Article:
|Owner(s)||San Francisco Newspaper Company LLC|
|Editor||Steven T. Jones|
|Ceased publication||October 14, 2014|
|Headquarters||135 Mississippi St.
San Francisco, California 94107
The San Francisco Bay Guardian was a free alternative newspaper published weekly in San Francisco, California. It was founded in 1966 by Bruce B. Brugmann and his wife, Jean Dibble. The paper was shut down on October 14, 2014.
The Bay Guardian was known for reporting, celebrating, and promoting left-wing and progressive issues within San Francisco and (albeit rarely) around the San Francisco Bay Area as a whole. This usually included muckraking, legislation to control and limit gentrification, and endorsement of political candidates and other laws and policies that fall within its political views. It also printed movie and music reviews, an annual nude beaches issue, and an annual sex issue. The Bay Guardian was one of several alternative newspapers in the greater San Francisco Bay Area, including the SF Weekly (formerly its major competitor, now under the same ownership), East Bay Express, Metro Silicon Valley, North Bay Bohemian, Marin's Pacific Sun, and Berkeley Daily Planet.
Starting in 1974, the Guardian published an annual "Best of The Bay" issue that listed the best restaurants, business, and activities in the Bay Area, based on a readers' poll and staff recommendations. The Guardian claimed that its "Best Of" issue was the first annual guide of its kind and was copied by other publications.
The Guardian handed out "Goldie Awards" annually for excellence in the arts and similar areas.
In 1971, it published The Ultimate Highrise, on the costs of development to the city. In 1975, it published San Francisco Free & Easy: The Native's Guidebook with a revised edition in 1980, edited by William Ristow.
The Guardian put down an attempt by its employees to unionize in the 1970s. In 1975, Guardian staffers, with the aid of Newspaper Guild Local 52 and International Typographical Union Local 21, signed union cards to seek higher wages and benefits. The paper had previously won a legal settlement and moved to a new building. Nevertheless, publisher Bruce Brugmann claimed there were not enough funds to increase pay or benefits. The day after Thanksgiving, he fired five senior staffers who had helped organize the union effort. Newspaper staffers voted to join the Newspaper Guild and, on June 15, 1976, they called a strike to force Brugmann to offer a labor contract. Brugmann retained a few management staff and hired scab replacements. In August, César Chávez offered to mediate the strike, but Brugmann refused. Finally, in 1977, another election was called, but this time votes by replacement workers carried the day and the new staff voted not to join a union.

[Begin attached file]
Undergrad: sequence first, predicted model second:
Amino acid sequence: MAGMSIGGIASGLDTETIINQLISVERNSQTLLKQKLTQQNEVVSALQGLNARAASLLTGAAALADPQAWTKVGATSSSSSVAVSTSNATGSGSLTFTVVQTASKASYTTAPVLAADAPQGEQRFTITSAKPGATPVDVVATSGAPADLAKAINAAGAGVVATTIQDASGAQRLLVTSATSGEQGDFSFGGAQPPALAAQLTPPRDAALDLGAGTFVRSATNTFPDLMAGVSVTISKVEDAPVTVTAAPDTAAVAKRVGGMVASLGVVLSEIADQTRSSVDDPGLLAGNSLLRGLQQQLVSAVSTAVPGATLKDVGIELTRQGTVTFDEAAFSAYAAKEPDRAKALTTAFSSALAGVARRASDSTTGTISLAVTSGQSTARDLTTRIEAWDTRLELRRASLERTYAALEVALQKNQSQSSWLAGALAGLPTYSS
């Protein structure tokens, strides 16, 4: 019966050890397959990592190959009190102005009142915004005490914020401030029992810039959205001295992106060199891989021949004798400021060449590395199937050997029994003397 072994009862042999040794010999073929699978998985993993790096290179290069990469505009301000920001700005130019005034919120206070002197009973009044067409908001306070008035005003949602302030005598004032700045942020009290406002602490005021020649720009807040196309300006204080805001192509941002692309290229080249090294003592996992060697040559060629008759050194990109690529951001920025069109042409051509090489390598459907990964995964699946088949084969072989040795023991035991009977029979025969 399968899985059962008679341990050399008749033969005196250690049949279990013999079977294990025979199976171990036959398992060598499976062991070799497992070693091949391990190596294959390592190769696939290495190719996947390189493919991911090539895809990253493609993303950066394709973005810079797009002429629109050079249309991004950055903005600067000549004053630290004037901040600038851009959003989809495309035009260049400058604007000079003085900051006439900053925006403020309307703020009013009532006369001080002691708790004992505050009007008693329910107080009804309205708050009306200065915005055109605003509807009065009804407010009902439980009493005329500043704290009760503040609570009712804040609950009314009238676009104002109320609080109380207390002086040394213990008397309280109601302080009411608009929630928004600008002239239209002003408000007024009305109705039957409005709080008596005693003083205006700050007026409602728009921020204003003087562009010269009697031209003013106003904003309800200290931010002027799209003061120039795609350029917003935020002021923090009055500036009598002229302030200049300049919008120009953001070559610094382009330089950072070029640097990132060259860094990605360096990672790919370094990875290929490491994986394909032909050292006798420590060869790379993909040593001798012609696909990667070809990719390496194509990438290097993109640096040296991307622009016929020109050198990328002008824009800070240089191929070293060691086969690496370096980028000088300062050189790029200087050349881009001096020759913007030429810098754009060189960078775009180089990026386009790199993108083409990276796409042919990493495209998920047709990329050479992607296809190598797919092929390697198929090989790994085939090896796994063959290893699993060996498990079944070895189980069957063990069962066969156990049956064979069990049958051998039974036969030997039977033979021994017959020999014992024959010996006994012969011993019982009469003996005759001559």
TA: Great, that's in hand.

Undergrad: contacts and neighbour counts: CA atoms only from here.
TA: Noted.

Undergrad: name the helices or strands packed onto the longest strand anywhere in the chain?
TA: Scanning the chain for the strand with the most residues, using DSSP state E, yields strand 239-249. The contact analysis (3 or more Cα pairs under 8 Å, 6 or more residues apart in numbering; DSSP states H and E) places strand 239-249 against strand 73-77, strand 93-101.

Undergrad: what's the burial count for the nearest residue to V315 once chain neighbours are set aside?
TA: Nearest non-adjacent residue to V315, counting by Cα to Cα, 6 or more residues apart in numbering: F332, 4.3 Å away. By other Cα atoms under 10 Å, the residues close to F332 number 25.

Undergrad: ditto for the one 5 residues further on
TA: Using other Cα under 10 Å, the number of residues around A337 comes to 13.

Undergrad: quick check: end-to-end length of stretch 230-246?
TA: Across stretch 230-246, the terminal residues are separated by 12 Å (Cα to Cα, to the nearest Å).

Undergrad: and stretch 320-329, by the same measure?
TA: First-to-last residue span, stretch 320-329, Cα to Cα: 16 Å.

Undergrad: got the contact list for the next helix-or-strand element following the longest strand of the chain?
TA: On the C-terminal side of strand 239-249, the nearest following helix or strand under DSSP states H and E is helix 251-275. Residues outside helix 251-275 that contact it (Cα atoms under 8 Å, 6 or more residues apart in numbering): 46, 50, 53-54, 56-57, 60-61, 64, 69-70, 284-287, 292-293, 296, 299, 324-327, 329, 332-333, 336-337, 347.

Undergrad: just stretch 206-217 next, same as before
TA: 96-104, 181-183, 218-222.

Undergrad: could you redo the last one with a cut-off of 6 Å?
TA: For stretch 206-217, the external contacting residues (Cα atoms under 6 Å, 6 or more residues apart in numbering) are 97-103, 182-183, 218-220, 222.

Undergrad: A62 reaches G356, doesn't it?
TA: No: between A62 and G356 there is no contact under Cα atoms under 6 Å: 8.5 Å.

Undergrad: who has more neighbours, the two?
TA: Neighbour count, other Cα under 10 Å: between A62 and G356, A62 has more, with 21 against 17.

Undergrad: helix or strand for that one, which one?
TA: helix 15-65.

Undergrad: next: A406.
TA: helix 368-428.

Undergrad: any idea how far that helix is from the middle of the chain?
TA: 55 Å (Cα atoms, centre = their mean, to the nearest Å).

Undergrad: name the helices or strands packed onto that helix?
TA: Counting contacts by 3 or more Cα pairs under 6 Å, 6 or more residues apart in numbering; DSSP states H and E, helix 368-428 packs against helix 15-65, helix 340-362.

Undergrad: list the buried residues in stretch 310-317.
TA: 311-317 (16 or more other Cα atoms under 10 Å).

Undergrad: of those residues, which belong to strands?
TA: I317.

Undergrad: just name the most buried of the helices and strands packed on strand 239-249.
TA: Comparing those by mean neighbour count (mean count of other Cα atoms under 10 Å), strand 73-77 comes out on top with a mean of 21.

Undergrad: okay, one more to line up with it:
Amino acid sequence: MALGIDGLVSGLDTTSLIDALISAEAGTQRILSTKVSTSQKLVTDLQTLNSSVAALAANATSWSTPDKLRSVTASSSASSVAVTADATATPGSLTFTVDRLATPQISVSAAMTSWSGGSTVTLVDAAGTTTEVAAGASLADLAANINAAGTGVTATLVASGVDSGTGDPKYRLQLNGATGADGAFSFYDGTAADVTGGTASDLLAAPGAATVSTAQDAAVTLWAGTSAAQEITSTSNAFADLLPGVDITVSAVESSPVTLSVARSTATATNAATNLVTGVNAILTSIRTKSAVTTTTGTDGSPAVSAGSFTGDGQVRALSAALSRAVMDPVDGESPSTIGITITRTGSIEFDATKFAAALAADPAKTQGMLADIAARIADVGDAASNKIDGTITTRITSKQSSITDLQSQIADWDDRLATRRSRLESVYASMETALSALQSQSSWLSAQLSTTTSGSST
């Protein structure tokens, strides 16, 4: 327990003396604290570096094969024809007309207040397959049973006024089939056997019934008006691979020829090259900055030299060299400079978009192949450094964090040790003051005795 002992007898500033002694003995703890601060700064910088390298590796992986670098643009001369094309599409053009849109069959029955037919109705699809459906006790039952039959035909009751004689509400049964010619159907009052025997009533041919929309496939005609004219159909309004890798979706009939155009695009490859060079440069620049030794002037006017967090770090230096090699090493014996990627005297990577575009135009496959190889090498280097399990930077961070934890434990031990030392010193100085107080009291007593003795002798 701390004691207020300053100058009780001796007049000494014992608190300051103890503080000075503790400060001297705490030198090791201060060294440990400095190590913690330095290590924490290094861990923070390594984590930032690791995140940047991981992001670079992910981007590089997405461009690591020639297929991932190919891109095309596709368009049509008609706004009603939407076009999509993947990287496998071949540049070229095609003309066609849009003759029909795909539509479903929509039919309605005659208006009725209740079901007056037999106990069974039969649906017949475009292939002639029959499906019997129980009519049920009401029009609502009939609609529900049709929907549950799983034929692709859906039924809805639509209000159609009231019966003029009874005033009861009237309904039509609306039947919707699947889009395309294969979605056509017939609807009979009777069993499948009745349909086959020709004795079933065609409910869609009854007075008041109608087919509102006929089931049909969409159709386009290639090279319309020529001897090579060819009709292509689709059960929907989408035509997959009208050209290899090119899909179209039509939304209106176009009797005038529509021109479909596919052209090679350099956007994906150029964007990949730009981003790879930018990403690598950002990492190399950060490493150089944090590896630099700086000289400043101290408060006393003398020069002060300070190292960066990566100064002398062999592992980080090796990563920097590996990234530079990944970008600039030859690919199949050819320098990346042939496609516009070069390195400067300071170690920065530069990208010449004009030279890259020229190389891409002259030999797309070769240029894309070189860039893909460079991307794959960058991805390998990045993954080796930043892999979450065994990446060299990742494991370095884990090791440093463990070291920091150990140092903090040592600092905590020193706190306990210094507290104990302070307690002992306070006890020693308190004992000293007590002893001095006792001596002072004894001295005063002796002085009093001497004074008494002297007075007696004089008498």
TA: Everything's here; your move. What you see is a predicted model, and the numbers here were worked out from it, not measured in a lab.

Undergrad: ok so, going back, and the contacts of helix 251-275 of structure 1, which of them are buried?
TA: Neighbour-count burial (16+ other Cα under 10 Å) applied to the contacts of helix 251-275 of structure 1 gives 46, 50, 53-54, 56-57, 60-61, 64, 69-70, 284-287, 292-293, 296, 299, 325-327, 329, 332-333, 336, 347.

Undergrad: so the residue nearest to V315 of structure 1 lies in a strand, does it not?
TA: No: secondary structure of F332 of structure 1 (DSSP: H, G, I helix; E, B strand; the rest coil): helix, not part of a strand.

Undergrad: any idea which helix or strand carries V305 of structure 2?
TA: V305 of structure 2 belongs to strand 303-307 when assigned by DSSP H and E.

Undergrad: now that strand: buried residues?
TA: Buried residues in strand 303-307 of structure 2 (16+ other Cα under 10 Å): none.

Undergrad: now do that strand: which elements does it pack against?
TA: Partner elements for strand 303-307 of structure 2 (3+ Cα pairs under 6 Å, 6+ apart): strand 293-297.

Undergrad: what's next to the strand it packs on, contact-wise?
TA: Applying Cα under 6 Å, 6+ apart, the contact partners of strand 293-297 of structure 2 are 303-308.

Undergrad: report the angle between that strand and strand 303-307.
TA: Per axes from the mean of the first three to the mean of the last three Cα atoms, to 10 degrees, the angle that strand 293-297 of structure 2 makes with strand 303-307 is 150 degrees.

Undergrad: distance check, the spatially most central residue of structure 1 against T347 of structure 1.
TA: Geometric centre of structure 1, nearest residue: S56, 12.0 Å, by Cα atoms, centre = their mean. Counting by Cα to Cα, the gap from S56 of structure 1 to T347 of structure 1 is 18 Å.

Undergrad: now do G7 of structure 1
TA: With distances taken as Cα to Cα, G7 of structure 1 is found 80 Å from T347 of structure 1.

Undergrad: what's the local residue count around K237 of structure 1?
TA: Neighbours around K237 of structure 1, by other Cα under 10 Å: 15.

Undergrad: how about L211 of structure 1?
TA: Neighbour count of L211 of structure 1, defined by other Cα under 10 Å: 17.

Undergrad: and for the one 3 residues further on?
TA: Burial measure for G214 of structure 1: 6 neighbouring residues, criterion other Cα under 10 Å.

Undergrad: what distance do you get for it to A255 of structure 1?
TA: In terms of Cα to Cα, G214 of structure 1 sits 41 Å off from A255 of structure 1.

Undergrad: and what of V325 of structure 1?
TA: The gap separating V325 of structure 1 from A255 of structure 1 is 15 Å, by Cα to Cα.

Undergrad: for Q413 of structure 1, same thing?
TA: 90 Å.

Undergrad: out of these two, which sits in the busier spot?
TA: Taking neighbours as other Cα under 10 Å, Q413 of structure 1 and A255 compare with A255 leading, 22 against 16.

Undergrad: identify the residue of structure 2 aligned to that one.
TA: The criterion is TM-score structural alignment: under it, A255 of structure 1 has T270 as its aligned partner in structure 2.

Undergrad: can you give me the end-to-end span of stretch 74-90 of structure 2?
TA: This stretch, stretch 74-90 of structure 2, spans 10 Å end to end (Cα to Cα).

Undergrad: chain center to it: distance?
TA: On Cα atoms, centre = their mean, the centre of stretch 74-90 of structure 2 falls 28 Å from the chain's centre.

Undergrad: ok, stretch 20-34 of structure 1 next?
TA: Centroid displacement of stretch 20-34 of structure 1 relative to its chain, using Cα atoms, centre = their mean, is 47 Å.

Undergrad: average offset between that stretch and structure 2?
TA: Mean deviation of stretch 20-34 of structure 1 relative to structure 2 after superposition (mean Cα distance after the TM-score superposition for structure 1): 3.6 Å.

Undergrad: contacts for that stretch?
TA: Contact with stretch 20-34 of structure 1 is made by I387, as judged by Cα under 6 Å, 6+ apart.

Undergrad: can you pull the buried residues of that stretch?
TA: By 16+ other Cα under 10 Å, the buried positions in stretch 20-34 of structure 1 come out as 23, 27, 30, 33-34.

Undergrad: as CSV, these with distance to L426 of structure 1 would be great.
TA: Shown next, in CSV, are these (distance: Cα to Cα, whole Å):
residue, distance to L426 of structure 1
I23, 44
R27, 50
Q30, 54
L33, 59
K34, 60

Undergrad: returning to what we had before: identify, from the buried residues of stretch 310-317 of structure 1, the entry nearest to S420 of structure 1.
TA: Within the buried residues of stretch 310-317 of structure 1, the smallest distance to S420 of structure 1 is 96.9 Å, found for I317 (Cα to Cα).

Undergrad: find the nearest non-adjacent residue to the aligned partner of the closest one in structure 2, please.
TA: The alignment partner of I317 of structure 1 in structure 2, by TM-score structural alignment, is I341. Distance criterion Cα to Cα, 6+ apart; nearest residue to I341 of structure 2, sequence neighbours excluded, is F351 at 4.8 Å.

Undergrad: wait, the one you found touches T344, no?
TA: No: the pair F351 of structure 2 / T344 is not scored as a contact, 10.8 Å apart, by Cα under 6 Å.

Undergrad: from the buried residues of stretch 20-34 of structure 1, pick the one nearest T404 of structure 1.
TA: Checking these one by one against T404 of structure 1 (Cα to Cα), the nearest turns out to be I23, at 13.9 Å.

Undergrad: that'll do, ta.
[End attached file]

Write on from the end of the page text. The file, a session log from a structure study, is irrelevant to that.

In March 2008 The Guardian won a predatory pricing lawsuit against its local rival, the SF Weekly, based on allegations the Weekly undercut The Guardian by selling display advertisements below cost while supporting itself on cash infusions from its parent, Village Voice Media, in an effort to force the Guardian into bankruptcy. In May 2008 the judge in the case awarded punitive damages, raising the jury's $6.3 million award to $15.9 million, and issuing an injunction prohibiting the SF Weekly from selling advertisements below cost.
On April 19, 2012, the East Bay Express reported that the Canadian owners of the San Francisco Examiner were in negotiations with the Bay Guardian to buy the newspaper. These rumors were initially denied by its executive editor Tim Redmond, but the sale went through a week later.
In mid-June 2013, the San Francisco Business Times and other publications reported that Tim Redmond had "been ousted" as publisher and editor. The Bay Guardian issued a statement quoting new publisher Stephen Buel as saying, "The Guardian has been losing money, and we were forced to contemplate some editorial layoffs. Tim decided to resign rather than follow through with what we were discussing." However, Redmond denied resigning.
On October 14, 2014, publisher Glenn Zuehls announced that the San Francisco Media Co., which also owns the SF Weekly, had decided to close the publication. The 40th annual Best of the Bay issue, published on the same day, was the weekly publication's final issue. Following the Guardian's closure, its laid-off staff launched the Guardian-in-Exile Project, which included a fundraising campaign on Indiegogo that raised more than $25,000 to help preserve the paper's archives and produce a final commemorative edition of the Bay Guardian, which was released on Jan. 22, 2015 and distributed in conjunction with the San Francisco Public Press and Gum Road.
In October 2015, the Bay Guardian's print and digital archives were handed over to the San Francisco Center for Newspaper Preservation, a newly founded nonprofit organization led by Marke Bieschke (the paper's former publisher) and Tim Redmond. In January 2016, they announced that a “Bring Back the Bay Guardian” crowdfunding campaign and other donations had yielded enough funds to secure the archives and relaunch several Bay Guardian features, included "Best of the Bay". Redmond continues to run 48 Hills, a separate site focusing on San Francisco politics that he founded in 2014 after leaving the Bay Guardian.